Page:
How Foreclosures Affect Your Home Sale
Though for the past several months, the number of pending home sales has gone up and the excessive inventory of unsold homes has been slowly going down, the Twin Cities real estate market still faces some challenges. Rising unemployment, sagging wage growth, higher down-payment requirements, and stricter mortgage qualifications are all weighing progress down. Moreover, the rising number of Twin Cities foreclosures sales and short-sales taking place are particularly hitting home sellers hard.
A sharp rise in foreclosures across the country is being blamed for declines in home prices that have shaken the economy. The foreclosure crisis has directed lenders and the government to launch extensive efforts to keep people in their homes, even if it means renegotiating the terms for hundreds of thousands of loans and in some cases, banks taking a loss. Most worrisome, the high foreclosure rate means home sellers must cut their prices to compete with short sales and foreclosure sales.
While about one-third of all home sales in the metro area during the July-September quarter were "lender-mediated" transactions, in some communities they represent more than 60% of sales so far this year, according to data compiled by the Minneapolis Area Association of Realtors. In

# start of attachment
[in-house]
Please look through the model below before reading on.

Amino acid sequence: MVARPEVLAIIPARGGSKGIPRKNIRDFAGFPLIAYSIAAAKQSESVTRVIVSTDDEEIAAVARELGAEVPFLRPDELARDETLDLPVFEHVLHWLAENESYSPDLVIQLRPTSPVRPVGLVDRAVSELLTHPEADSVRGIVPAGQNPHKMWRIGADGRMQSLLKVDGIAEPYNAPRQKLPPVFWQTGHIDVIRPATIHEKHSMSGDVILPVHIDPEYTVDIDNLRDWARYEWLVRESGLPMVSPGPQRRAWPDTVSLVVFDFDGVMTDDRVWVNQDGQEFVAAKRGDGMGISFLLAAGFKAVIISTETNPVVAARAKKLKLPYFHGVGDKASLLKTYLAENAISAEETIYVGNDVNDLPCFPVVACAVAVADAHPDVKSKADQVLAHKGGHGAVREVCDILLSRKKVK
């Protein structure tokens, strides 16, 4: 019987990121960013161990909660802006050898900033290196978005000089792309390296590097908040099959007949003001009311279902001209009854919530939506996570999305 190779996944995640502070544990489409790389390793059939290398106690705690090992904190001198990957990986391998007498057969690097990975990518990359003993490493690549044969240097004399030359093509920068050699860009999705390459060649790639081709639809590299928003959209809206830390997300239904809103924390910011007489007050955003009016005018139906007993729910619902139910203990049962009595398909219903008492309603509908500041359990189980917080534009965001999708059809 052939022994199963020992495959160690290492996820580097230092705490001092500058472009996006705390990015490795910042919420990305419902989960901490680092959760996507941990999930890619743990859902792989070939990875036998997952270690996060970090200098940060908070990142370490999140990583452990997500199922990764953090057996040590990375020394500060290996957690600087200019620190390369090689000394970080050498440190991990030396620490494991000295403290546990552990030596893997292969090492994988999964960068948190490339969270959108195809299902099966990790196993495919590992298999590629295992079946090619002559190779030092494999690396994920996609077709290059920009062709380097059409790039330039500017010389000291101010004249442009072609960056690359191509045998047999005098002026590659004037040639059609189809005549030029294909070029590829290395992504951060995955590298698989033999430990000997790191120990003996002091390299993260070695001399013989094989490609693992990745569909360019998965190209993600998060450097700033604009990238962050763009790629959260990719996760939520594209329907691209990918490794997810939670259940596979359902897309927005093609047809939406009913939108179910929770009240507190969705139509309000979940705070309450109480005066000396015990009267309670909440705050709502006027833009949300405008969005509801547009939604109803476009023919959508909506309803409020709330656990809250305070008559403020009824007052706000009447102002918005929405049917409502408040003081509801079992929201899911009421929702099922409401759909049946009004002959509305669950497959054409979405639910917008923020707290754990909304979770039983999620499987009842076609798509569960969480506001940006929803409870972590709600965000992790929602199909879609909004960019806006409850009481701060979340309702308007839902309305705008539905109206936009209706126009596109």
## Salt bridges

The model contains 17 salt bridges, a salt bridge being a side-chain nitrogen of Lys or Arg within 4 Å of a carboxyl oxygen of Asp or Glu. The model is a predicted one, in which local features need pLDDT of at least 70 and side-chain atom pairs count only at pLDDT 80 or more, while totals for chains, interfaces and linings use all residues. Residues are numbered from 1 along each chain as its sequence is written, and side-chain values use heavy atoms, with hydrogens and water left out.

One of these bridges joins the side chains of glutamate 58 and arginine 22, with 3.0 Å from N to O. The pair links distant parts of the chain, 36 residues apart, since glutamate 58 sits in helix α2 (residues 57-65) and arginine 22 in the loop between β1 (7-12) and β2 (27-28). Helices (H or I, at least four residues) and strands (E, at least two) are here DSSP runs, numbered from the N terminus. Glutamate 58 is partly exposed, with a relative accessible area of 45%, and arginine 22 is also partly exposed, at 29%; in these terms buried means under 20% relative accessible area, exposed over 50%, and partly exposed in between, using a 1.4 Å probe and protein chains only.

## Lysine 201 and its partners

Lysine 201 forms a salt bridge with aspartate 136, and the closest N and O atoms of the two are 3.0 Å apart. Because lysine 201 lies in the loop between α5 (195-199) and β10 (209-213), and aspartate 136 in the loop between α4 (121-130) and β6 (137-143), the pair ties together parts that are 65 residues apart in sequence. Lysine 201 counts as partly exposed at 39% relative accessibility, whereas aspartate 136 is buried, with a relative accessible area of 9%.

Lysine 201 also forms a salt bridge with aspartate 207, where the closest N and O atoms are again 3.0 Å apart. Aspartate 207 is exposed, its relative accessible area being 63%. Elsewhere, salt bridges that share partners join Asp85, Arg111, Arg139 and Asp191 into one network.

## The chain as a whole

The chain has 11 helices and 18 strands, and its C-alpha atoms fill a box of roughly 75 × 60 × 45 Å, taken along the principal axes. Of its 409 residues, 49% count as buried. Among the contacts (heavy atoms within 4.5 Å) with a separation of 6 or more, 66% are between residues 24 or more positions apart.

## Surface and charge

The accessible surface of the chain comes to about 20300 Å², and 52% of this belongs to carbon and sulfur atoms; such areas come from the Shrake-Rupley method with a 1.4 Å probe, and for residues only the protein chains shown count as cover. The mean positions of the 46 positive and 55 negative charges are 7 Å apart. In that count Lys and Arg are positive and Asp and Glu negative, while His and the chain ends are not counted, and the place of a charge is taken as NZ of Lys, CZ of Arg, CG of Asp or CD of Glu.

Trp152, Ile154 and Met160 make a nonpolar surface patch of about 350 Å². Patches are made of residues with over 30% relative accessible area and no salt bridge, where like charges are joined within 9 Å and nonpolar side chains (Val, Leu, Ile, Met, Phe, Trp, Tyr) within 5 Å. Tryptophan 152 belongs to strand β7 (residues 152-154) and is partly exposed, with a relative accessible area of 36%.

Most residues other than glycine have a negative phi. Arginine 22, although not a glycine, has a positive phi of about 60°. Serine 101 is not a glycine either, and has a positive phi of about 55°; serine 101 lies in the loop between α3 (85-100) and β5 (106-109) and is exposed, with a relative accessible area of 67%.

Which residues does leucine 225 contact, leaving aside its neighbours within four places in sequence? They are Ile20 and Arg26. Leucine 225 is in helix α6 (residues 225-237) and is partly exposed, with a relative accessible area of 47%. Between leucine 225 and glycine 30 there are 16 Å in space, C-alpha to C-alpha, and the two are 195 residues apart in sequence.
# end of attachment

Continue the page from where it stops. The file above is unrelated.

Some might be asking why foreclosures have hit some areas harder than others. Foreclosures tend to be concentrated in areas with a large quantity of first-time and low-income borrowers, as they are more likely to have subprime mortgages. These loans in turn are more likely to go into default. Some figures place subprime borrowers at more than six times as likely as prime borrowers to end up in foreclosure.
Communities with a high percentage of foreclosure sales also tend to see a steeper decline in the median sale price. In the Regional Multiple Listing Service district that includes north
Not every trend is a rule, however. Even within cities like
There are plenty of buyers, even investors with cash on hand interested in picking up lender-owned properties at a steal. But most are unwilling to wait through the long and complicated process of buying a short sale home or foreclosure home. Because of the sheer number of foreclosures happening, it can take 90 to 120 days just to get a response to an offer from a lender. By that time, many buyers have moved on. As a result, the lender is forced to reduce the price further in order to generate more interest in the property, and forcing the prices of nearby seller-owned homes down even further just to compete.
Those successive price reductions can cause trouble in other areas, other houses that are in a similar price range or condition. This is because foreclosures often become comparisons for appraisals. Because bank-owned listings are going to be priced below market value to move them quickly, the appraisal values of seller-owned listings will go down.
There is the possibility of more trouble. As more homeowners fall into foreclosure because of increases in their adjustable-rate mortgages, as opposed to job loss or other economic misfortune, a growing percentage of homes foreclosed on are well maintained and thus more likely to be used as comparables for traditional home sales.
If you’re a home owner thinking about moving up to a bigger or better house, listen up: Don’t be afraid of the market. Even if as a seller you lose some money on the home you’re leaving, as a buyer you'll pay less for the house you're moving up to.